As national news groups react, House won’t back down over press access

Press advocates called the new policy that pushed reporters off the House floor this week “very troubling,” but lawmakers insist the proposal is merely an additional safety measure. (Photo by Miguel Otárola/Cronkite News)

WASHINGTON – As state and national press advocates reacted Friday to what they called “invasive” background checks for media at the Arizona Legislature, House Republicans were refusing to back down on an issue they insist is being blown out of proportion.

“It’s not about banning media from the floor,” but about the need for increased security in the Capitol, said Stephanie Grisham, a spokeswoman for the Republican Majority Caucus. She said recent news reports that charged reporters had been barred were “completely inaccurate.”

The dispute began Monday when House administrators asked nonstaff to submit to a lengthy background form that included Social Security numbers and other personal information, information that was taken off the form later in the week.

But Capitol press refused to comply with the revised form, which House officials are requiring for anyone with access to a nonpublic part of the Capitol. As a result, more than a dozen photographers and reporters were turned away from the House floor Thursday and forced to cover that day’s session from the gallery.

National free-speech organizations said Friday they were concerned about the background check, some more than others.

“It’s certainly very troubling to hear that reporters would lose that kind of access to lawmakers,” said Melissa Yeager, senior staff writer at the Sunlight Foundation in Washington.

Yeager said there have been similar conflicts in the legislatures of Missouri, Kansas and Maine when lawmakers in those states limited the access of reporters.

Editor’s note:

An earlier version of this story misstated the background of a reporter involved. Arizona Capitol Times reporter Hank Stephenson has a 2014 misdemeanor conviction, according to his paper. The story here has been corrected, but clients who used earlier versions of this story are asked to run the correction that can be found here.

“There are a lot of relationships that are built by having access to the floor, to be able to talk to lawmakers and see who they’re interacting with,” Yeager said. “It creates better reporting when people can have a conversation and ask questions. Putting someone up in the balcony, where they don’t have that sort of access, will definitely hinder reporting.”

Newseum CEO Jeff Herbst agreed that it’s in the best interest of the public to have reporters as close to local officials as possible.

“People are hungry to understand what elected representatives are doing and how they’re best representing them,” Herbst said.

He downplayed the suggestion that there is an increased security risk, noting that the dangers of sitting in a legislature are minimal compared to other occupational hazards.

“It’s far more dangerous driving on the road each day, but no one says to ban all drivers,” Herbst said.

But Grisham said the security concerns are very real, citing recent protests and activity at the Capitol, including a March 28 incident that led to the arrest of one man.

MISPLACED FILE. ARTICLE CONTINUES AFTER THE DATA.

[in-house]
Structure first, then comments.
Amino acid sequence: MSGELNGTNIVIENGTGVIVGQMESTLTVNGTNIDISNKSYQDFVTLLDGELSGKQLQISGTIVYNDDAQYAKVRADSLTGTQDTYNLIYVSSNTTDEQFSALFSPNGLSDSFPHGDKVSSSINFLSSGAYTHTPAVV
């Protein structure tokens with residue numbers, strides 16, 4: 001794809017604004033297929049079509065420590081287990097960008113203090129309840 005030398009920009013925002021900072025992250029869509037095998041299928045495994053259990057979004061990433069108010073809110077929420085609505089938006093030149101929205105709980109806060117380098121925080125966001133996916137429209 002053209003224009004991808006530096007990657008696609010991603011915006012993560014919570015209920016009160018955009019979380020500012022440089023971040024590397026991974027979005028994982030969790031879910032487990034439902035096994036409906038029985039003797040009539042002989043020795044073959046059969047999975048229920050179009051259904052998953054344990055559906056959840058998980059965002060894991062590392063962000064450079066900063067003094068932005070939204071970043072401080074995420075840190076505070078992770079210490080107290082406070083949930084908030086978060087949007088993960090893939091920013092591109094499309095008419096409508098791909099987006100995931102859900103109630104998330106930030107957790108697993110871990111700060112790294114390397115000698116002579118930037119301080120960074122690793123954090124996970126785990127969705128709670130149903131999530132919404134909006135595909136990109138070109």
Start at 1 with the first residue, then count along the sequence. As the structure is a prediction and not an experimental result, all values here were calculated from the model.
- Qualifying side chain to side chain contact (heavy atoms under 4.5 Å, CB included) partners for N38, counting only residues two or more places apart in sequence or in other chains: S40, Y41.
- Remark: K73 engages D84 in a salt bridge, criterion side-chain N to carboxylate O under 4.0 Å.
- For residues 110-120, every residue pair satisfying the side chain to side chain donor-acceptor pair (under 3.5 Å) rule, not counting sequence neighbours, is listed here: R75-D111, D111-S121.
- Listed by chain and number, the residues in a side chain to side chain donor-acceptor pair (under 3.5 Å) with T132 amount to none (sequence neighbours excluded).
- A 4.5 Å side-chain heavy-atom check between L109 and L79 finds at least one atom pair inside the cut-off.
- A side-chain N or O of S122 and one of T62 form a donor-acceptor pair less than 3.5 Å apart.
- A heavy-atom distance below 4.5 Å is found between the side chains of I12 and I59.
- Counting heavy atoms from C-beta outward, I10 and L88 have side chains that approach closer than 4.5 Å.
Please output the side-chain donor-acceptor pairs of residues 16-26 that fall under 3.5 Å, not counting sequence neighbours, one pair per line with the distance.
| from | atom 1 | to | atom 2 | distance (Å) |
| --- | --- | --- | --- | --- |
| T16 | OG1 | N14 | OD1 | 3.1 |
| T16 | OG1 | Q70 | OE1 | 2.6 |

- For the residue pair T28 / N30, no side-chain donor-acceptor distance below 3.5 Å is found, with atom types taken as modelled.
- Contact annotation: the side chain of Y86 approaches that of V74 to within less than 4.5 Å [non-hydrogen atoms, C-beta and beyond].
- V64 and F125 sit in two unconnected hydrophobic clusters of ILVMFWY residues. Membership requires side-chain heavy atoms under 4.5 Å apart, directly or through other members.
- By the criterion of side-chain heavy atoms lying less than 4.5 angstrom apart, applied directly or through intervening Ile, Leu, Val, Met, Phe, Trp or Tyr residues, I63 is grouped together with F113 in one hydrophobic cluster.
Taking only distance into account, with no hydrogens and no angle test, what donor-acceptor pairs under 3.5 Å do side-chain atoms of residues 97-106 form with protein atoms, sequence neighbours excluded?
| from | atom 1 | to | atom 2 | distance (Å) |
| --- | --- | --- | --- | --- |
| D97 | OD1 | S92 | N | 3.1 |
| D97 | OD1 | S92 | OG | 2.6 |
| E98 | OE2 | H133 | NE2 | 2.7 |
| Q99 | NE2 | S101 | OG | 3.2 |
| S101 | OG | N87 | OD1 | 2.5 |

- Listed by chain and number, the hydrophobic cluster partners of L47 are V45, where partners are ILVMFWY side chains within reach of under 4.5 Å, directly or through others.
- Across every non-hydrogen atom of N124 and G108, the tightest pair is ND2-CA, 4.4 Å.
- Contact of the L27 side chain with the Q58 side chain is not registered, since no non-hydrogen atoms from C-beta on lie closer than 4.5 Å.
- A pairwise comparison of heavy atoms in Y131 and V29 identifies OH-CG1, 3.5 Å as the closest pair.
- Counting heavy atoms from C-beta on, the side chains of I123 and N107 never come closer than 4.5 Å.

“These are new times and this is a really heightened political climate,” Grisham said.

She emphasized that all non-staff must comply with the new rules, including vendors, interns – even the house chaplain and the doctor of the day. And she said the new rules should not have come as a surprise to anyone.

“This security plan, and the protocols within, have been in the works for a year,” Grisham said. “Nothing happened yesterday.”

Morgan Loew, president of the Arizona First Amendment Coalition, was taken aback by the requirements, which were put forward by House Speaker David Gowan.

“This does have a chilling effect on the watchdogs of our lawmakers,” Loew said. “We certainly, vehemently, disagree with this decision.”

Loew said members of his coalition are reviewing the policy and considering next steps, including possible legal action.

“When we are singled out for something that impedes our ability to carry out our rights under the First Amendment, which is freedom of expression, freedom of press, there is a problem,” Loew said.

But Ken Paulson, president of the First Amendment Center and former editor of USA Today, said that what happened at the Capitol does not necessarily violate the First Amendment.

“Given that reporters are still able to see and hear the proceedings, this isn’t a First Amendment issue,” Paulson said in an email Friday. “It does make reporters’ jobs harder and makes legislators less accessible and accountable to the public and press – which may be what the legislature intended.”

Grisham said that there are currently no plans to change this new requirement.

She adamantly denied published reports that Gowan was targeting Arizona Capitol Times reporter Hank Stephenson with the new rule. Those same reports said Stephenson has a misdemeanor conviction that could fall under the new rules.

Stephenson wrote a story in January criticizing the speaker’s use of state vehicles, leading Gowan to reimburse the state with $12,000 of his own money.

Grisham said House staff had no knowledge Stephenson had a conviction on his record, and said she is on good terms with him.

“He and I get along very, very well,” Grisham said.